All Things Bright and Beautiful (All Creatures Great and Small)
The second volume in the multimillion copy bestselling series
Millions of readers have delighted in the wonderful storytelling and everyday miracles of James Herriot in the over thirty years since his delightful animal stories were first introduced to the world.
Now in a new edition for the first time in a decade, All Things Bright and Beautiful is the beloved sequel to Herriot's first collection, All Creatures Great and Small, and picks up as Herriot, now newly married, journeys among the remote hillside farms and valley towns of the Yorkshire Dales, caring for their inhabitants---both two- and four-legged. Throughout, Herriot's deep compassion, humor, and love of life shine out as we laugh, cry, and delight in his portraits of his many, varied animal patients and their equally varied owners.
afraid this one’ll be dead,” I said, and as the tiny creature lay across my palm there was no sign of breathing. But, pinching the chest between thumb and forefinger I could feel the heart pulsing steadily and I quickly opened his mouth and blew softly down into his lungs. I repeated this a few times then laid the pup on his side in the basket. I was just thinking it was going to be no good when the little rib cage gave a sudden lift, then another and another. “He’s off!” Bert exclaimed
I used to put it away sharpish, like that, but ah can’t do it now.” Chuckling to himself, he continued with his breakfast. His wife showed me the door. “Aye, it was a real compliment to me.” She looked at the table and giggled. “You’ve nearly finished the jar!” “Yes, I’m sorry, Mrs. Horner,” I said, smiling through my tears and trying to ignore the churning in my stomach. “But I just couldn’t resist it.” Contrary to my expectations I didn’t drop down dead soon afterwards but for a week I was
I said hoarsely as I got back into the car. “If that injection improves them I’ll do the lot.” I gave what I hoped was a confident wave and drove off. I felt so bad that it had a numbing effect on me and over the next few days my mind seemed to shy away from the subject of the Dalby stirks as though by not thinking about them they would just go away. I was reminded that they were still very much there by a phone call from Mrs. Dalby. “I’m afraid my cattle aren’t doing any good, Mr. Herriot.”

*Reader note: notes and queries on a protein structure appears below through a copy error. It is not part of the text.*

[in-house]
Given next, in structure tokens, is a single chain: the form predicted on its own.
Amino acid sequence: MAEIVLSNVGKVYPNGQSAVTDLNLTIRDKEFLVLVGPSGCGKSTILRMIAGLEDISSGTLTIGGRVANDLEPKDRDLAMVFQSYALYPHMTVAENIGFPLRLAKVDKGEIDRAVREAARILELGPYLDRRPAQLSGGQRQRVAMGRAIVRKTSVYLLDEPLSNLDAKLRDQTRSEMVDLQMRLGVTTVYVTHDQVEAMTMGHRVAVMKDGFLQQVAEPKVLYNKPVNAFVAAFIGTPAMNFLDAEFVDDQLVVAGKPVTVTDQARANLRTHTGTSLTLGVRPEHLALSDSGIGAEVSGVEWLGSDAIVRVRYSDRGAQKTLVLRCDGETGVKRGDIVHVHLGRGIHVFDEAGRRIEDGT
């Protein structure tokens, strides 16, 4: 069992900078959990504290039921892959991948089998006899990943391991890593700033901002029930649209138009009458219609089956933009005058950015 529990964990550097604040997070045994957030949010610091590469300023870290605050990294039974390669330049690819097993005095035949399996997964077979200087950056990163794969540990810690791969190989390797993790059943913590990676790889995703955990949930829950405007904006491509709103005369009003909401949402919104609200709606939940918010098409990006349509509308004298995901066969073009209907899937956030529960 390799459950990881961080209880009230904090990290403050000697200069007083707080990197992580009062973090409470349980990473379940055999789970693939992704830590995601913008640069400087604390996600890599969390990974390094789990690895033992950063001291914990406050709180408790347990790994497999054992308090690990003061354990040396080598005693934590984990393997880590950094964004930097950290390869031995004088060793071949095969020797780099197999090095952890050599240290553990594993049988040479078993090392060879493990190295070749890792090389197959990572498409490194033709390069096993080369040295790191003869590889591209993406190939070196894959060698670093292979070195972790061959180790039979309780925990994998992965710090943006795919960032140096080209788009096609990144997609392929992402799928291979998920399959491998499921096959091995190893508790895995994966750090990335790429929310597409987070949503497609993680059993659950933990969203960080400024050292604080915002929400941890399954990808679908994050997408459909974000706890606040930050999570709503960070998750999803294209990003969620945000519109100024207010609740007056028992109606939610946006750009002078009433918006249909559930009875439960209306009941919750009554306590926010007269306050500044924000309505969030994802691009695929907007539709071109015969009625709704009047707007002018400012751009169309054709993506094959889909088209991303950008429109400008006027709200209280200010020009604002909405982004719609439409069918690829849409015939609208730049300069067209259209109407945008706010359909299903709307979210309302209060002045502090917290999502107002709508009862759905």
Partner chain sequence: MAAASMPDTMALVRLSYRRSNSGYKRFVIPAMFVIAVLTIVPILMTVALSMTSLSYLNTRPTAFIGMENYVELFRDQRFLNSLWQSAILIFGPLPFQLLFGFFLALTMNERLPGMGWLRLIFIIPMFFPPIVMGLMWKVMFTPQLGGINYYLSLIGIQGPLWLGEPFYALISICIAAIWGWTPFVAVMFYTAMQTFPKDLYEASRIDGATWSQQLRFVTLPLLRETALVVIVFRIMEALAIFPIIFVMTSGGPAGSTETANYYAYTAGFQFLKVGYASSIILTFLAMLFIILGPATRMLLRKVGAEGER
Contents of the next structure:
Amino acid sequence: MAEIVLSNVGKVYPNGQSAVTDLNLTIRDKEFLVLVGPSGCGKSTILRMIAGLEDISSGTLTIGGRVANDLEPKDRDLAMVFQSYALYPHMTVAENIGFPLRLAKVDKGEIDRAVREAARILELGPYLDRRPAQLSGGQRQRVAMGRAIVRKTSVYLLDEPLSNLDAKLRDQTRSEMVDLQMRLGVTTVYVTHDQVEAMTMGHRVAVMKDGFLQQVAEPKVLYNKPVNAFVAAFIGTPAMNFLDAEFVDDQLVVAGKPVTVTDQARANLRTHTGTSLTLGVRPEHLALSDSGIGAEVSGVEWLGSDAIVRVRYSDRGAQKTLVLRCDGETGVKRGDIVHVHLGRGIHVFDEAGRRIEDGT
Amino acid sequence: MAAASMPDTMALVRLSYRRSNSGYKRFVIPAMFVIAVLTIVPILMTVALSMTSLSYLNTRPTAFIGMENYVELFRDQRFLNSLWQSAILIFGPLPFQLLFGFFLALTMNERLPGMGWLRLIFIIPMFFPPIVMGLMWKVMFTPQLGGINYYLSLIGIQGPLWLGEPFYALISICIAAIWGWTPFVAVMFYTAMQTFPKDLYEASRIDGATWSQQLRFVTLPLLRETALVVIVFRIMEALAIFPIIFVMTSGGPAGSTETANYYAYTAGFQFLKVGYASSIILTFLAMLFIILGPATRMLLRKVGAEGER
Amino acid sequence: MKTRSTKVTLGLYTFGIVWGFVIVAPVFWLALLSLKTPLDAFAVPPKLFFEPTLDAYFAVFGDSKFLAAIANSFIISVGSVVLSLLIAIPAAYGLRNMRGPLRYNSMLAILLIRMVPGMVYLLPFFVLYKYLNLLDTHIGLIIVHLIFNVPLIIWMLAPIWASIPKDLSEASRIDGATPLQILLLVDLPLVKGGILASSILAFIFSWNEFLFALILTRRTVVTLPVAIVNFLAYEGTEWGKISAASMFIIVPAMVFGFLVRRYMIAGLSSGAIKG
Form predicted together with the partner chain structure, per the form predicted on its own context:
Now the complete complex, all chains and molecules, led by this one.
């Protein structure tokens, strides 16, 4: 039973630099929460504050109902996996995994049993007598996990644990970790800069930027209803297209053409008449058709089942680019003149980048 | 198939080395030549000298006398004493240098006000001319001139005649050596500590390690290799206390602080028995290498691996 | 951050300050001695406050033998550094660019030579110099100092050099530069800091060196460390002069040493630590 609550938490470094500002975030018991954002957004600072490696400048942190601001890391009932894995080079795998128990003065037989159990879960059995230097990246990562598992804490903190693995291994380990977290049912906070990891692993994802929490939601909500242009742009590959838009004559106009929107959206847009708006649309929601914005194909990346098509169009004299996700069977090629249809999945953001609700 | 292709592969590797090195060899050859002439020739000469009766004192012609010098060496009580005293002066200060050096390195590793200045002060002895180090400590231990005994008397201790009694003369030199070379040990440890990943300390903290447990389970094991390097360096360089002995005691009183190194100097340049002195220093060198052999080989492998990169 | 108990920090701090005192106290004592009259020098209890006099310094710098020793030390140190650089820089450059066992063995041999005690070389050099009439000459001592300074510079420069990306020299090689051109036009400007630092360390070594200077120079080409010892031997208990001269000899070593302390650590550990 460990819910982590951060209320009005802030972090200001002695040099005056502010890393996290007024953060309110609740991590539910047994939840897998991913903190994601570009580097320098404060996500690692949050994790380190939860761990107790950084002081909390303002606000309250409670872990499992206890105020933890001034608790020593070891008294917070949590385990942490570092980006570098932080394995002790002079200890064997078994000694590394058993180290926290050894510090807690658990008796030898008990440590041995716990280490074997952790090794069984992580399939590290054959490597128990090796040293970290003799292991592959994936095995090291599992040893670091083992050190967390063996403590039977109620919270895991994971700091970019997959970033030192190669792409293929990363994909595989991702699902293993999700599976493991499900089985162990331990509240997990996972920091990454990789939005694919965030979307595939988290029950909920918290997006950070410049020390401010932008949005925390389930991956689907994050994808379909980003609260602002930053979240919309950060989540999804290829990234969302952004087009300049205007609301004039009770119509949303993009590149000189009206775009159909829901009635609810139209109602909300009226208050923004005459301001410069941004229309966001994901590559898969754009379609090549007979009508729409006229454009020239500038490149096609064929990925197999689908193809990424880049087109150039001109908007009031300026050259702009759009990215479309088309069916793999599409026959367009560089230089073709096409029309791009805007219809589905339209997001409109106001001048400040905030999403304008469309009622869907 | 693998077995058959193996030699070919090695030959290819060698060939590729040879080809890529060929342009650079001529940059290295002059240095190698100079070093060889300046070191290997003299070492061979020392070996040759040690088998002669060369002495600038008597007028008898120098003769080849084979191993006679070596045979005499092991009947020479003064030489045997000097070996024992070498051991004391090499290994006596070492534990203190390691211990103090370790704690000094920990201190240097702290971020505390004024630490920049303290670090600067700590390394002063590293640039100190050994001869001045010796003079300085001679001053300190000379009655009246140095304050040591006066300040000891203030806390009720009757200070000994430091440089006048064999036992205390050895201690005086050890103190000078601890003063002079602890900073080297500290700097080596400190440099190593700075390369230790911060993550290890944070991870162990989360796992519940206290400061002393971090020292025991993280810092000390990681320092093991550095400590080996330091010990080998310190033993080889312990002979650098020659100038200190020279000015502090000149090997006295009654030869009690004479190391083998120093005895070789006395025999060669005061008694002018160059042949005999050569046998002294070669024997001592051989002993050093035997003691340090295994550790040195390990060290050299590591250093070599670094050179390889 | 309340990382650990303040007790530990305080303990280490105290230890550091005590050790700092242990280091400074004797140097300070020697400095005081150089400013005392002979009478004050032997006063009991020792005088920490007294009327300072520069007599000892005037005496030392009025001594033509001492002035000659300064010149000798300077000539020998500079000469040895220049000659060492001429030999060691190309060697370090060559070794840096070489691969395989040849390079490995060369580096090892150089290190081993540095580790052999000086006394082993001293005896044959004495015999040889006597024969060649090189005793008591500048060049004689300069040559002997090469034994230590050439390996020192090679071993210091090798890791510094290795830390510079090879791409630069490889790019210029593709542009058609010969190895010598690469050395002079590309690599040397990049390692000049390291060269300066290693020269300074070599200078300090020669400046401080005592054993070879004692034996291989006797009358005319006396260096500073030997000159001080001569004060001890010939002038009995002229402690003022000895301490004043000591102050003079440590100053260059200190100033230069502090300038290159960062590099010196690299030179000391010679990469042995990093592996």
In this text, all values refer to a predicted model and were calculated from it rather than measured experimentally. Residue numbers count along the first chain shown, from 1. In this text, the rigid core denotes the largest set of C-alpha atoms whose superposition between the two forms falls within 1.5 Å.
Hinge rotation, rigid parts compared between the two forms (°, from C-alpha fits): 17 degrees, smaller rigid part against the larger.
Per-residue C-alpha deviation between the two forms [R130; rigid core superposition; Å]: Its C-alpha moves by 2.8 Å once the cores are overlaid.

use, thinking at the same time of Siegfried’s words: “Ewan has his own way of doing everything.” At the farm Mr. Thwaite trotted over to meet us. He was understandably agitated but there was something else; a nervous rubbing of the hands, an uneasy giggle as he watched my colleague opening the car boot. “Mr. Ross,” he blurted out at last, “I don’t want you to be upset, but I’ve summat to tell you.” He paused for a moment. “Duke Skelton’s in there with my cow.” Ewan’s expression did not
stomach into a lurch of apprehension; miles and miles of it coiling its way across the most desolate stretch of country in all England. And even from this distance you could see the drifts, satin smooth and beautiful, pushing their deadly way across our path. On either side of the road a vast white desert rolled and dipped endlessly toward the black horizon; there was not a light, not a movement, not a sign of life anywhere. The pipe jutted aggressively as Granville roared forward to do battle.